“A study of the Sonoran hinterlands on the border between the U.S. and Mexico, El Mar La Mar is the rare film to subordinate its form to the landscape it’s set in,” writes Alan Scherstuhl in the Village Voice. “To watch it attentively is to surrender, for ninety minutes, to the slow-motion pace of Sonoran life.” A week-long run of Joshua Bonnetta and J. P. Sniadecki’s award-winning film starts tomorrow at MoMA. For Ben Kenigsberg in the New York Times, “this immersive, sensorially complex movie evokes the terrifying disorientation and loneliness of migration: the eerie sounds of sand crunching underfoot; the surreal sights of jugs of water left by well-wishers; fragments of voices heard over radio transmissions.”

Los Angeles. Acropolis Cinema will present El Mar La Mar on Tuesday.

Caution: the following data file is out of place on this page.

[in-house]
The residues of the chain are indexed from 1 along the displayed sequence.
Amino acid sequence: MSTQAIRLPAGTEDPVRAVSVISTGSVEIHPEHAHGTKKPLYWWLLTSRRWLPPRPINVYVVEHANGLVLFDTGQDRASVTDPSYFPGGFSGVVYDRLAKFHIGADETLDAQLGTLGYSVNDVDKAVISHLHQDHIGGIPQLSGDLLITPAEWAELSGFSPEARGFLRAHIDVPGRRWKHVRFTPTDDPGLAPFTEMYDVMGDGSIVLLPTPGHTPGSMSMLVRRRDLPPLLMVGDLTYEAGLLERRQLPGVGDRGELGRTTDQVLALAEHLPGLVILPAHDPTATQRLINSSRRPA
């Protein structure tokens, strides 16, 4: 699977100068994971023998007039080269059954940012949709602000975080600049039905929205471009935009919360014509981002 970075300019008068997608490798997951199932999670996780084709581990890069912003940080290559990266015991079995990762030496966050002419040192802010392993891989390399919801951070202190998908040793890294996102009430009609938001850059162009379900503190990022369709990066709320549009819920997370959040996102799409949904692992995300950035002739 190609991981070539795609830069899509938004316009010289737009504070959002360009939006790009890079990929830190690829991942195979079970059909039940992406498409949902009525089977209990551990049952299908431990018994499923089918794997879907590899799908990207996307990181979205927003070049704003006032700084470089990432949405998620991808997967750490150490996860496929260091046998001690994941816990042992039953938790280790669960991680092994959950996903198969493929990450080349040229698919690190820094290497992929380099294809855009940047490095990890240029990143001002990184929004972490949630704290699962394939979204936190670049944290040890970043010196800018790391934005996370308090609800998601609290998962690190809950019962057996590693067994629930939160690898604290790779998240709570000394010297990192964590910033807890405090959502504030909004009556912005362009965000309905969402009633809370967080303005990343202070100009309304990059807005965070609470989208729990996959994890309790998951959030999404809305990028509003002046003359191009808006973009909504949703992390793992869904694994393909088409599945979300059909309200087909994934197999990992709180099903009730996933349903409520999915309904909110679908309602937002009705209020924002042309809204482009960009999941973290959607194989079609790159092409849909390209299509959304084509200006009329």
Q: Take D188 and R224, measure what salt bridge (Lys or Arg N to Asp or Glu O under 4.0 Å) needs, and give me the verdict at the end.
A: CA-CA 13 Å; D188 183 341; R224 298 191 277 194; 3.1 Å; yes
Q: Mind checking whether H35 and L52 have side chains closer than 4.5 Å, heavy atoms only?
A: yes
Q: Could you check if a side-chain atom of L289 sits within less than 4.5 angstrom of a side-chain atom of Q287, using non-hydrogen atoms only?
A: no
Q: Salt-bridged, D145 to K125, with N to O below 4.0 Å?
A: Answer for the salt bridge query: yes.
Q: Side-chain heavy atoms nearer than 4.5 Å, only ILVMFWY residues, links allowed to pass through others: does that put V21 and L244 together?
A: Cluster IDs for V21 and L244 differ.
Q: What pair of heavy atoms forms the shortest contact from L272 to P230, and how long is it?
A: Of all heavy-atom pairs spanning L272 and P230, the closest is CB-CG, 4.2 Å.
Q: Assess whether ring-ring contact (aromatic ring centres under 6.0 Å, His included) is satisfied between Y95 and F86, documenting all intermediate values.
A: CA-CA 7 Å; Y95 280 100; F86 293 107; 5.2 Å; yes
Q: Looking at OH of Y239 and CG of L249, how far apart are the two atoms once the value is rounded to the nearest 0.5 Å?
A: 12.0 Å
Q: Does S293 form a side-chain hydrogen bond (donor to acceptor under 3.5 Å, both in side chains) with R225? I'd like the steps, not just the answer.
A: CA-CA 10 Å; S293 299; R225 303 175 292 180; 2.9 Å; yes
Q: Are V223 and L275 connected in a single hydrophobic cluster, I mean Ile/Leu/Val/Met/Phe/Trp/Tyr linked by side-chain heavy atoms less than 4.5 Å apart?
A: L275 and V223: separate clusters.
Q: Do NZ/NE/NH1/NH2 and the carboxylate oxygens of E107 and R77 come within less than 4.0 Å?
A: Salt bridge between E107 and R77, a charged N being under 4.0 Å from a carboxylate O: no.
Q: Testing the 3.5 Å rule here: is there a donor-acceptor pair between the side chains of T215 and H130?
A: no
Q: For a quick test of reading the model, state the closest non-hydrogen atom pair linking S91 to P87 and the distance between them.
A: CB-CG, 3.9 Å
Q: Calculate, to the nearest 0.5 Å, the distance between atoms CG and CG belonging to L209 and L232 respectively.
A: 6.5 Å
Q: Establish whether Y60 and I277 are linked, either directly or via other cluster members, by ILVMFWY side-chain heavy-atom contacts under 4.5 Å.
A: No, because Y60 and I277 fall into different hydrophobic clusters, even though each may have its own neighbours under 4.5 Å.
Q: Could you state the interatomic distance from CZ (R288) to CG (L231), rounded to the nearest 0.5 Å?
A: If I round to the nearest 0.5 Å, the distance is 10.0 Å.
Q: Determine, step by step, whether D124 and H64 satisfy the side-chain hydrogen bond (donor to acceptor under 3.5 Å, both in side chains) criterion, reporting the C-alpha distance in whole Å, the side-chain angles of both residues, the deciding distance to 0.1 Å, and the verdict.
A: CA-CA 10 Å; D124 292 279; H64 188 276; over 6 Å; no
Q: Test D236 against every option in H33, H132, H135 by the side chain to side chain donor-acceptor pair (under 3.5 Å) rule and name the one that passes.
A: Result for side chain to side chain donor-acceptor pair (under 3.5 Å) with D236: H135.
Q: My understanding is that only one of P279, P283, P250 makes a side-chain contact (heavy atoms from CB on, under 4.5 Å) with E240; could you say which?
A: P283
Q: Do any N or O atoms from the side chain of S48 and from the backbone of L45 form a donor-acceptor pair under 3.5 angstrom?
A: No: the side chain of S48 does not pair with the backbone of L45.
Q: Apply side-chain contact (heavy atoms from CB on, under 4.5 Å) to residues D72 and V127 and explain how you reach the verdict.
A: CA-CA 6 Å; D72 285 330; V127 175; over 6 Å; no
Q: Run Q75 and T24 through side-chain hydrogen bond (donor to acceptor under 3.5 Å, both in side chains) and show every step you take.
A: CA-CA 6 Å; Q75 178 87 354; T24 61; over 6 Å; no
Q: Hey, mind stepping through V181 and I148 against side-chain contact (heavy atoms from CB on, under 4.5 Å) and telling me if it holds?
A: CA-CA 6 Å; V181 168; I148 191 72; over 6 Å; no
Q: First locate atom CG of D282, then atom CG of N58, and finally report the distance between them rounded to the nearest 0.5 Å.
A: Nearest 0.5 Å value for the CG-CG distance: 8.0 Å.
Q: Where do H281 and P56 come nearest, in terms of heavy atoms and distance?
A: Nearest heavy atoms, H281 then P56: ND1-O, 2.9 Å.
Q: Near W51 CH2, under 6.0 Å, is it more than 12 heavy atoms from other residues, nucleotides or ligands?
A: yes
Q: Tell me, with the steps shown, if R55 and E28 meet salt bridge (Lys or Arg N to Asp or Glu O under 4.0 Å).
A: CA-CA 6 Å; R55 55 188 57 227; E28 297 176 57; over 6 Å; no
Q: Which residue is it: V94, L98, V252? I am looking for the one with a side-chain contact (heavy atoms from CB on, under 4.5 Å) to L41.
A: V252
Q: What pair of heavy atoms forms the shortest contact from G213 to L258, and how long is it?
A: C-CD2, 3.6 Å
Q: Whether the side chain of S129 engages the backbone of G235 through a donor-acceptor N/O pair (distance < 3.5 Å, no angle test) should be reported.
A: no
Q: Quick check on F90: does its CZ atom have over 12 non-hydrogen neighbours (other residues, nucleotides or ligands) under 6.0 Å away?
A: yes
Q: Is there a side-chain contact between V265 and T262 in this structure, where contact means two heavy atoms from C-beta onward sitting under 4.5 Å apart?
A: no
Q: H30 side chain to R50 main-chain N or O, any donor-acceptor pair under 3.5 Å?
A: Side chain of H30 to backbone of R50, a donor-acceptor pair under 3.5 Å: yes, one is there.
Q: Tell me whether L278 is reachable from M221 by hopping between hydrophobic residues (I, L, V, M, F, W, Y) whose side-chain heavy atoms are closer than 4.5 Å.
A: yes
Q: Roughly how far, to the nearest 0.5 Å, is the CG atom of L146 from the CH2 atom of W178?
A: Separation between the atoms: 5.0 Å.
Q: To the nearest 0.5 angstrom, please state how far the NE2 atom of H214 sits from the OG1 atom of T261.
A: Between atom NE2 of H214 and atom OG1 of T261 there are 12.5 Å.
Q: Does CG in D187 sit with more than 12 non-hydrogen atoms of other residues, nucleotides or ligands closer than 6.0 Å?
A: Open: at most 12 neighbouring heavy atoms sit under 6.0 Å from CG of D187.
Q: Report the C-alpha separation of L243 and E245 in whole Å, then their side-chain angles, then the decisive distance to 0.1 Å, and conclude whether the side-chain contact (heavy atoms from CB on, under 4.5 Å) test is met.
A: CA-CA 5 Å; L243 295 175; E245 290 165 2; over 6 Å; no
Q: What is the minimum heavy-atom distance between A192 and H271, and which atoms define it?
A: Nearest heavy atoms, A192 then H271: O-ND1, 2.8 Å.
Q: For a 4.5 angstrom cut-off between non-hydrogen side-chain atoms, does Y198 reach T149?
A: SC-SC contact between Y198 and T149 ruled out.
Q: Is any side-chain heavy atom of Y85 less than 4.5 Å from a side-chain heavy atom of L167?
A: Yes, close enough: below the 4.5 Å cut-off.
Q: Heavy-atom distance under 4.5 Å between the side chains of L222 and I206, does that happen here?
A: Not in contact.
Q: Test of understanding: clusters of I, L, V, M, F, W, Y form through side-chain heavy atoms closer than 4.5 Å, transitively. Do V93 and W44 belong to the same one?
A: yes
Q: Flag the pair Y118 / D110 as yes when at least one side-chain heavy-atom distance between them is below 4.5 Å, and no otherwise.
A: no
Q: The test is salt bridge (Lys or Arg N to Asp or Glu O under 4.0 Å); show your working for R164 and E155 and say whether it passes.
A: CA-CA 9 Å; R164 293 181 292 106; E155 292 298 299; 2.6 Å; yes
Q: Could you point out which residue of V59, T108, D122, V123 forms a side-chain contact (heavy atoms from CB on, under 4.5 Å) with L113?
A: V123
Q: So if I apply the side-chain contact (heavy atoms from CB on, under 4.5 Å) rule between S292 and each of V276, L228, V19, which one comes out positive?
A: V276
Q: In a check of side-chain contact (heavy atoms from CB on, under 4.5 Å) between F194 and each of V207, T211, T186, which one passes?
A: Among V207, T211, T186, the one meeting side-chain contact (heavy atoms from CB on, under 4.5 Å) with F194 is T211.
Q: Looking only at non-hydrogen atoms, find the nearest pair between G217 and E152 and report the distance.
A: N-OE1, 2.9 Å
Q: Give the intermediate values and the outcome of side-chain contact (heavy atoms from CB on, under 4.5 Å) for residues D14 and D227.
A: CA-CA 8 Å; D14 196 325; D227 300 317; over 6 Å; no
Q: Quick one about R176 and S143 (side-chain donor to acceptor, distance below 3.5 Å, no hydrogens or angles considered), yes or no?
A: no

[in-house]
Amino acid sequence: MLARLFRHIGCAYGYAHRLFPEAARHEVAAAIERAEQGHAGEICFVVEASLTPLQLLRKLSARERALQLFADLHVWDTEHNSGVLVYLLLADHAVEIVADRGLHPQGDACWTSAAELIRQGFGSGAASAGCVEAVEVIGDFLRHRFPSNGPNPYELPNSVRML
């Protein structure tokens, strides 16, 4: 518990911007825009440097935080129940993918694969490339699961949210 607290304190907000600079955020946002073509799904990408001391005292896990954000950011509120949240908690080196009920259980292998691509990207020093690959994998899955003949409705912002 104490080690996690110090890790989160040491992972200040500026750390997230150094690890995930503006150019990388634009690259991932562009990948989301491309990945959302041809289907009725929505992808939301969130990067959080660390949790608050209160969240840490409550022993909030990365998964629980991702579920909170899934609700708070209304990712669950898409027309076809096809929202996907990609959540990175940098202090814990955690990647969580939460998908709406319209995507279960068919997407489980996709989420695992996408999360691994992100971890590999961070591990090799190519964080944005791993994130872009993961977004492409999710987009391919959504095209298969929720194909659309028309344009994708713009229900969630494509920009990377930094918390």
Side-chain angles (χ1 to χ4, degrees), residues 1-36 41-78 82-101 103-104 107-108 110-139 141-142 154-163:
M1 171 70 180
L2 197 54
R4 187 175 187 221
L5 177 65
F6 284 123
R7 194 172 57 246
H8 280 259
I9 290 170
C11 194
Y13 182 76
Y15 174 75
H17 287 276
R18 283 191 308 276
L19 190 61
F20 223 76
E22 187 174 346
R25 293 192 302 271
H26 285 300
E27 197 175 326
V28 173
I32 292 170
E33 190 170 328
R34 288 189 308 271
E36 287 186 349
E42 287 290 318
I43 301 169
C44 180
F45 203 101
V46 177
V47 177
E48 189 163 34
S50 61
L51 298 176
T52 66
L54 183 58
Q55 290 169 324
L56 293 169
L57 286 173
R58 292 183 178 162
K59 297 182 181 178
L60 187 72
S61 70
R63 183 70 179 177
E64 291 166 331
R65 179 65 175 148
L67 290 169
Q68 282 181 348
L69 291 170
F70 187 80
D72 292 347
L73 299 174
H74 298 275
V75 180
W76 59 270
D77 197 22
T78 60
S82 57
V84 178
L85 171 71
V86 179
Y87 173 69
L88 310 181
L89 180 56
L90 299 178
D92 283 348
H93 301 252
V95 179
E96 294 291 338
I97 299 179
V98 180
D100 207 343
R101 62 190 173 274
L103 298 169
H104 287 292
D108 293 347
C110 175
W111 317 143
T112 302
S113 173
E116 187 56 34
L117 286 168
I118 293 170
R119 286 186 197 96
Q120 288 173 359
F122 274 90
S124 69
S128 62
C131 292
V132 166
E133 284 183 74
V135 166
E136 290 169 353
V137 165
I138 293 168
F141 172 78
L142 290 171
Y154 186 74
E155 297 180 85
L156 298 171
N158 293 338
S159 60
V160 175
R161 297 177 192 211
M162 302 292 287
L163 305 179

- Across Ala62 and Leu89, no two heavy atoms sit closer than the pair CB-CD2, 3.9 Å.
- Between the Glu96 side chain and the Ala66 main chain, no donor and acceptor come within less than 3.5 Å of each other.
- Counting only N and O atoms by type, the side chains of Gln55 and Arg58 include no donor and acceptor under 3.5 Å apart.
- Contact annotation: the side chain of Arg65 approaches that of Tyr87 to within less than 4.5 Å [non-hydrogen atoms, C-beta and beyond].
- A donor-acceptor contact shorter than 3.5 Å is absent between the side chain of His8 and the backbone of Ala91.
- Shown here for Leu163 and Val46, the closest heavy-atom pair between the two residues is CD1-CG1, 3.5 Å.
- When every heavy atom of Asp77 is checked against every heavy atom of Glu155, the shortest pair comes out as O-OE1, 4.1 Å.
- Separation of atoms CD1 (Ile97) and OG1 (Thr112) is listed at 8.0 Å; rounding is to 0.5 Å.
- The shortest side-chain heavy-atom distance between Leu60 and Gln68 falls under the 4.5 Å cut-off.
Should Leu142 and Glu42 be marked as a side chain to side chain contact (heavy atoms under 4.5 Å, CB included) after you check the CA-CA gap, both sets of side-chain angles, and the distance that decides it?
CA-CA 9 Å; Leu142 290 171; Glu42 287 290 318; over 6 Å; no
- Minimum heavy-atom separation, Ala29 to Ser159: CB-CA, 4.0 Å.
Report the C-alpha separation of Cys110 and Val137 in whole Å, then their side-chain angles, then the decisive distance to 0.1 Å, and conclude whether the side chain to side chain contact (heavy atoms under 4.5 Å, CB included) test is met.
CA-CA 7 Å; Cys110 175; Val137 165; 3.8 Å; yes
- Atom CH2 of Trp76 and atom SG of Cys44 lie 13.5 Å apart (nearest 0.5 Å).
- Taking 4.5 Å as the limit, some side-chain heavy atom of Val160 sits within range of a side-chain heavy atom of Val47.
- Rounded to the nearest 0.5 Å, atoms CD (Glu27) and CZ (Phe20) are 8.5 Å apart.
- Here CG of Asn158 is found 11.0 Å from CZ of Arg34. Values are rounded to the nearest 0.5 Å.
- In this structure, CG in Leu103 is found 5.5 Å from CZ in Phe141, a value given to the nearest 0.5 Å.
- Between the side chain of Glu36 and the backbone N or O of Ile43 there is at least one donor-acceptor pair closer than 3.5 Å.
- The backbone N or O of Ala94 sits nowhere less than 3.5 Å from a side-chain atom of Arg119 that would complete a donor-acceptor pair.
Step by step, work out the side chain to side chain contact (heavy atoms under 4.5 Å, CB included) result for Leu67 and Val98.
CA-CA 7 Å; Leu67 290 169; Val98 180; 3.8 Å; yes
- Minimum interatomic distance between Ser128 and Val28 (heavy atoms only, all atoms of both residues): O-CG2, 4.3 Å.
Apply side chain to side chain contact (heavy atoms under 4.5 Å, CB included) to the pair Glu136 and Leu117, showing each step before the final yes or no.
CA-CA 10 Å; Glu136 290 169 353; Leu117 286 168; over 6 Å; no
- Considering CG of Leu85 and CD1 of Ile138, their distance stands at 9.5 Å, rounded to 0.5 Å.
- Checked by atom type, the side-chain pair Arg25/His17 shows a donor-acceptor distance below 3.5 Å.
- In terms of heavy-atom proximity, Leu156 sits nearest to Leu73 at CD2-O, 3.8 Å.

Toronto. The TIFF Cinematheque retrospective Argentine Genius: The Films of Lucrecia Martel opens tomorrow and runs through Tuesday. James Quandt on La Ciénaga (2001), The Holy Girl (2004), and The Headless Woman (2008): “Named after the northwestern province of Argentina where all three films are set (and where the director herself grew up), Martel’s Salta Trilogy counts as one of the signal cinematic achievements of the millennium.”

Charles Laughton’s The Night of the Hunter (1955) screens tomorrow as part of the TIFF series Out of the Past: The Films of Robert Mitchum, but Alicia Fletcher is focusing on the career of Lillian Gish.

London. The full program for BFI Flare: London LGBTQ+ Film Festival (March 21 through April 1) is now online.